Higher Education Postcard: University of Winchester

This week’s postcard from Hugh Jones’ postbag blog tells of cholera, whisky and prog rock

Hugh Jones is a freelance HE consultant. You’ll find a daily #HigherEducationPostcard if you follow him on Twitter.

Greetings from Winchester!

This week’s card, showing a frankly forbidding edifice, gives an opportunity to tell the tale of the University of Winchester.

Winchester is one of England’s oldest settlements, and in pre-Norman times a city of great importance, with a cathedral from the 660s, and a strong association with King Alfred, of which more later.

(One of the ways you can tell the age of a place is whether it has a name in Welsh, in addition to its English name. Croeso i Caerwynt is all I can say on that.)

Its university, on the other hand, is a much more modern foundation. The story starts in 1840, when Charles Sumner, Bishop of Winchester, established a Diocesan Training School in the city.

(Charles Sumner was brother to John Bird Sumner, Archbishop of Canterbury. Imagine getting to be a bishop and still not being the most ecclesiastical of your siblings.)

The training college was originally housed near the cathedral. In 1847 it moved to Wolvesey Palace, a less-favoured residence of the Bishops of Winchester, and was renamed Winchester Training College.

In 1862 the Training College moved again (necessitated by an outbreak of Cholera at Wolvesey Palace), this time to a purpose-built home, funded by subscriptions. The Diocesan Education Board also agreed that management of the college should be overseen by a committee elected by the subscribers, rather than directly by the diocese.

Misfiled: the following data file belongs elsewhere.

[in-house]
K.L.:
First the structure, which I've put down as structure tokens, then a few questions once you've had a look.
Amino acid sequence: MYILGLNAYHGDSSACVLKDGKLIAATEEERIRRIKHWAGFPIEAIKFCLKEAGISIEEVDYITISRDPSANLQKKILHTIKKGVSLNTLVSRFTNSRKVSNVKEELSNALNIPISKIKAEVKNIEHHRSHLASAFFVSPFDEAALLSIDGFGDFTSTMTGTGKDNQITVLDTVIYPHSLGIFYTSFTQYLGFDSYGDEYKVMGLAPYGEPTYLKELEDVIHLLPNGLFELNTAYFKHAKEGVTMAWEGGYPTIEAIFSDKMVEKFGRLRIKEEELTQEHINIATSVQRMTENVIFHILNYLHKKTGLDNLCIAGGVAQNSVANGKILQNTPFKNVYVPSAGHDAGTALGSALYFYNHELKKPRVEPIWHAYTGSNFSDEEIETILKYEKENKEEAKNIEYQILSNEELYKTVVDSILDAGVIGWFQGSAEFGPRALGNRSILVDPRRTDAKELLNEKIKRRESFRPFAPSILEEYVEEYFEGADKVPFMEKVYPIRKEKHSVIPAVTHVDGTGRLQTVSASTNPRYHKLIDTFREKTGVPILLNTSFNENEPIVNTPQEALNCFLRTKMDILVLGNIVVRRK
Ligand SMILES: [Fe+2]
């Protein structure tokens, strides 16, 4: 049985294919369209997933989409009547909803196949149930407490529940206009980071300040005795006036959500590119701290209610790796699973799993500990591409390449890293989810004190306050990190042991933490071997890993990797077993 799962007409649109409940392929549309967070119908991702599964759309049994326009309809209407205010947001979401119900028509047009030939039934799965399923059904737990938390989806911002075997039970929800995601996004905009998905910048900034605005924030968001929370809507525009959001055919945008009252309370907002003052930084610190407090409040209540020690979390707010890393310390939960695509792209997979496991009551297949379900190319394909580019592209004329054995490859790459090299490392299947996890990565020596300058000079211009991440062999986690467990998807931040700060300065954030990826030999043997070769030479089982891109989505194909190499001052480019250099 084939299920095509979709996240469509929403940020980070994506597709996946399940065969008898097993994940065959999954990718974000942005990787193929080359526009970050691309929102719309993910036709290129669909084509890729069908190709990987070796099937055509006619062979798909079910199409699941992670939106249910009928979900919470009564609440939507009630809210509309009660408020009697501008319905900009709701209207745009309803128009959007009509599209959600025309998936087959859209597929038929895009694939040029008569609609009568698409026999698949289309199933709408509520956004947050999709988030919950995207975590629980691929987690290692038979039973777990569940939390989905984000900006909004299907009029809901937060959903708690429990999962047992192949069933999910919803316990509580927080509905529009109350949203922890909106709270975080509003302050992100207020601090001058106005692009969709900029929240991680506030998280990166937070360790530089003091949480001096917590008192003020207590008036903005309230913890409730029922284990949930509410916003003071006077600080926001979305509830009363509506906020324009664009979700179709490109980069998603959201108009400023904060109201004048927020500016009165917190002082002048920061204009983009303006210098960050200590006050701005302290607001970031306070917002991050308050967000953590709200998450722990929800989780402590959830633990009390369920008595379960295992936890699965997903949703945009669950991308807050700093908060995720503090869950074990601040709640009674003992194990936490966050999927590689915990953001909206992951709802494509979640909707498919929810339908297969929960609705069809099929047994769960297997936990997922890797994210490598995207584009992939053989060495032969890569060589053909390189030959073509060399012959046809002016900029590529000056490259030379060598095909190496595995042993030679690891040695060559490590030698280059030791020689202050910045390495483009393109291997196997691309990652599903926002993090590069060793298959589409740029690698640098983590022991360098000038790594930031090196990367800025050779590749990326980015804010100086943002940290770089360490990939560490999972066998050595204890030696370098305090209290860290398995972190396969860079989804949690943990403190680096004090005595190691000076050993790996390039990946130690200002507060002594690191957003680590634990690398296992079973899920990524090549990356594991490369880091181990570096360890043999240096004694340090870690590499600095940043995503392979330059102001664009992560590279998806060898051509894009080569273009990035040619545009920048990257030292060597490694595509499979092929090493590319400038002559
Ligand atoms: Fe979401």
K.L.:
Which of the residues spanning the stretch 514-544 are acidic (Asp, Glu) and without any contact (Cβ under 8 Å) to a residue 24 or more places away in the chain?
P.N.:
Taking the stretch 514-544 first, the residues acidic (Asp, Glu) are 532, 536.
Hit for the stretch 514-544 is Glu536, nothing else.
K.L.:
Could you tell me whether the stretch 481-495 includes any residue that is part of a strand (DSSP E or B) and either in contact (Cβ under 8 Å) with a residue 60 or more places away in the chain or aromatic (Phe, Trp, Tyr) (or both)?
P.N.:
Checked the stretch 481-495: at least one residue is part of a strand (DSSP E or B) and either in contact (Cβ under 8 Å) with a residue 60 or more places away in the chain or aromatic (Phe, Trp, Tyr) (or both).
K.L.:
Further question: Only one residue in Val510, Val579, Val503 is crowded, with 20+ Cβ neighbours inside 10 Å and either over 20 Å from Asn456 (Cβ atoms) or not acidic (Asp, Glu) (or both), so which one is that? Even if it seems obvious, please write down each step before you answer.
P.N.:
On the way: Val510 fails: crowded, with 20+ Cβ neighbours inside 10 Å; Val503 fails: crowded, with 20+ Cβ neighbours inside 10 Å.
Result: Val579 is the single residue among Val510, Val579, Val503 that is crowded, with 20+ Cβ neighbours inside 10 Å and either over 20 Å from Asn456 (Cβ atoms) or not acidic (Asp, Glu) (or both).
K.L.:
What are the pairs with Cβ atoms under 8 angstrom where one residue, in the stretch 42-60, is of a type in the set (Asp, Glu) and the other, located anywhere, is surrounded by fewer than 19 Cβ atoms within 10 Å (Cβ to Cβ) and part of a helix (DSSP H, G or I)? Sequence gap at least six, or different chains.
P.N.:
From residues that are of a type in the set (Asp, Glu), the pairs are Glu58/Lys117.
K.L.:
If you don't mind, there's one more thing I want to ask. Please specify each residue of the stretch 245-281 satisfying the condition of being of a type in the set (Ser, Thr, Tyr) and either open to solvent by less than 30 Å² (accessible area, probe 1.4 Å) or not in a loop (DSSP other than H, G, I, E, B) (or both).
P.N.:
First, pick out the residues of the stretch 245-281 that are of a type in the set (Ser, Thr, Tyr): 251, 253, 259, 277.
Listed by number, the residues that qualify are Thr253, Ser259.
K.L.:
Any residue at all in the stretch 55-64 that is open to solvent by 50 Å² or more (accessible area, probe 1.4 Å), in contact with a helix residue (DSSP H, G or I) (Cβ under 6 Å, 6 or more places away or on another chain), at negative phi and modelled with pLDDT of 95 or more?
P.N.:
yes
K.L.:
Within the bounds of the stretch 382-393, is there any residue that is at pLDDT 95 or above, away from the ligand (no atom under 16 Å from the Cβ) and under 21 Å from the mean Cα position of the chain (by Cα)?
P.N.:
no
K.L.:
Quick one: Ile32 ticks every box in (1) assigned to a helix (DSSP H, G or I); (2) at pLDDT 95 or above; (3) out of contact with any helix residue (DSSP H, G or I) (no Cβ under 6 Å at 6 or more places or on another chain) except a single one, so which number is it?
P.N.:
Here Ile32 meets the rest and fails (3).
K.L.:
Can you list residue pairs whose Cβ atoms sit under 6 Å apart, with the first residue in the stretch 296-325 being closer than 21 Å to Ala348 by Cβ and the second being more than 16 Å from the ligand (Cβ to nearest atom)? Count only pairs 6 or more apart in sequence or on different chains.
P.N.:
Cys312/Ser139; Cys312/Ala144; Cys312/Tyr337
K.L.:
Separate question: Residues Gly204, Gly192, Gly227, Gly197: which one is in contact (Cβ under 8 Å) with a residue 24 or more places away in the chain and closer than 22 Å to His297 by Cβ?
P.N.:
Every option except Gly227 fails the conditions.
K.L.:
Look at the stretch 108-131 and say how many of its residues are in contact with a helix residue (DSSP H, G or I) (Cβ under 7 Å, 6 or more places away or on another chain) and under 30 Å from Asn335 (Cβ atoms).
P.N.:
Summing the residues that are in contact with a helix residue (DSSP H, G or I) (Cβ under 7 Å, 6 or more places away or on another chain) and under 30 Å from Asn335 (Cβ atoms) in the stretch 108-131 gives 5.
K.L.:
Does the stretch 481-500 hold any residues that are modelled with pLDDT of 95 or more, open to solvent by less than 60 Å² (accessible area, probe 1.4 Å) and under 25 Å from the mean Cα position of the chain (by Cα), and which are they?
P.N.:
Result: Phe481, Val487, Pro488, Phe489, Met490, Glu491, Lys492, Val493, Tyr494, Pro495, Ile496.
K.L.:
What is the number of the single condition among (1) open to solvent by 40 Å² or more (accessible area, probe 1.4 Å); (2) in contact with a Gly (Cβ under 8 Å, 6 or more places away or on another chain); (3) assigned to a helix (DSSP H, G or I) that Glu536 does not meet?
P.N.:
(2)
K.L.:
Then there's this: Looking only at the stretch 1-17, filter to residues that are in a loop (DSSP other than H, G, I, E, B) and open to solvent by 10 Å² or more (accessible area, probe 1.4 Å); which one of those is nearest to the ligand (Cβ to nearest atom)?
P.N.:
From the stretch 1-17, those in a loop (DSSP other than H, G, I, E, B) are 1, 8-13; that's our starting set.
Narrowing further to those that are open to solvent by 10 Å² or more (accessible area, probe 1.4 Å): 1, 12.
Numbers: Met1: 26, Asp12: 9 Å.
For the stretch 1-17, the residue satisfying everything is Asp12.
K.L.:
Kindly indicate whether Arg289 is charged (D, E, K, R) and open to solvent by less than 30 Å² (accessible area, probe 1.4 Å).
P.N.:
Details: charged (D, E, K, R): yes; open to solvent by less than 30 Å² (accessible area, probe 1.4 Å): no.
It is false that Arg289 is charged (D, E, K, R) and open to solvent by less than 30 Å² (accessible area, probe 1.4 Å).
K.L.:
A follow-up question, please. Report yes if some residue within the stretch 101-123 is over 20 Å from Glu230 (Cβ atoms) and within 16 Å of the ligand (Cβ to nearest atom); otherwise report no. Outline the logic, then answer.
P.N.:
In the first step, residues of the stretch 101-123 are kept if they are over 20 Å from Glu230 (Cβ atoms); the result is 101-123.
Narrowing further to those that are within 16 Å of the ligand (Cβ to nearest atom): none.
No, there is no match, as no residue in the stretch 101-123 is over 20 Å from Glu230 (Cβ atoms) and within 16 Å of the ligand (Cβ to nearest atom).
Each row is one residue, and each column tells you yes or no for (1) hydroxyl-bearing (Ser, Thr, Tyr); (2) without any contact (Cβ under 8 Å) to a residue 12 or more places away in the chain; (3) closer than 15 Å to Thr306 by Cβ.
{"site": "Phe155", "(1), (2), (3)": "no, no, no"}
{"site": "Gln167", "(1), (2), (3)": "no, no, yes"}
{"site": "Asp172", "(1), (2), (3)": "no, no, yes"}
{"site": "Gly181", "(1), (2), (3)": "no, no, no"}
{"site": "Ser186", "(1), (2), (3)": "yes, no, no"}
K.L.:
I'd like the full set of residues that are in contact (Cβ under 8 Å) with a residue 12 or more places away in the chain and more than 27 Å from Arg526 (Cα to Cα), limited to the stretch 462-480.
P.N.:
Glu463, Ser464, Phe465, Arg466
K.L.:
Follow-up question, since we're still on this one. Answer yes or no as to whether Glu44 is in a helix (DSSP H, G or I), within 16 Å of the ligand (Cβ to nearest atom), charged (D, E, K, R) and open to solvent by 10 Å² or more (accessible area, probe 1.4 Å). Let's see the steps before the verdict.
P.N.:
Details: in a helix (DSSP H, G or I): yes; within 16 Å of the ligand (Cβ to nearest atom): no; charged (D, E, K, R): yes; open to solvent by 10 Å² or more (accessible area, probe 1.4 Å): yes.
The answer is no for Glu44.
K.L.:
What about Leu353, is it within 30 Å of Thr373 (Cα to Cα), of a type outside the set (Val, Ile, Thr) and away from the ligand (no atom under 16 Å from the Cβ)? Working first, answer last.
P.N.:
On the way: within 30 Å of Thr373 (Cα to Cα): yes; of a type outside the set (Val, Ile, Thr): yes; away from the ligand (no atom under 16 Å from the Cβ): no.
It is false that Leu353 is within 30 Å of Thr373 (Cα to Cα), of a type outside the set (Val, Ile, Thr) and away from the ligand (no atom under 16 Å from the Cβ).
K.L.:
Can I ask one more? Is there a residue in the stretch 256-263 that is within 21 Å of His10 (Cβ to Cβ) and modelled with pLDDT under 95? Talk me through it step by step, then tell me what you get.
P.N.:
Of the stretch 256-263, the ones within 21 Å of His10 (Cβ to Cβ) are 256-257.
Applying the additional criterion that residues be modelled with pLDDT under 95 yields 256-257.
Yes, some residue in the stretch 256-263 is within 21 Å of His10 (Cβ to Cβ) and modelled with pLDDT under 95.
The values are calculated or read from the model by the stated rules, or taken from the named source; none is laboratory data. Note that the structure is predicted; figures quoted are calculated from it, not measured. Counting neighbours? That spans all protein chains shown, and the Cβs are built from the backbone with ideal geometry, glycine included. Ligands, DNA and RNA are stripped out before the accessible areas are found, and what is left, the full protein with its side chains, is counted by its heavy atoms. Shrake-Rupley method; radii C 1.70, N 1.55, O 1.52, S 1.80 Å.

In 1928 the college was renamed King Alfred’s College. The long association of King Alfred with the city had rubbed off, clearly, on the college itself. Also present, as this clipping from the Western Gazette of 29 June 1928 shows, was the noble tradition of adorning statues:

King Alfred’s College continued to train teachers, and specifically to train men to be teachers. In 1960 women were admitted too.

In the 1970s there were moves to rationalise teacher training, and to protect its autonomy the College sought to offer a broader range of subjects. The College awarded degrees of the Council for National Academic Awards (CNAA), having moved away from a relationship with the University of Southampton. But on the demise of the CNAA in 1992, and with King Alfred’s College having expanded considerably its provision, Southampton became once more the validator for the college.

I guess the taste of relative autonomy under the CNAA had made this tutelage uncomfortable. Whatever the reasons, the College decided, when the government published criteria for university title, in 1995, to seek and gain these within ten years.

Taught Degree Awarding Powers were gained in 2003; University College title in 2004, and in 2005 the University of Winchester was created. On time. Possibly on budget too. Research Degree Awarding Powers in 2008 created the full set.

The university’s motto – Wisdom ond lar – is taken from King Alfred’s translation of Pope Gregory the Great’s Regula Pastoralis, and translated from the old English means Wisdom and Knowledge.

The card itself was sent to Master Arthur Fripp of Wimborne, Dorset, in 1922. It is possible that Arthur Fripp may have been a relative (perhaps uncle?) of Robert Fripp, founder of King Crimson.

Right place, right time, uncommon surname.

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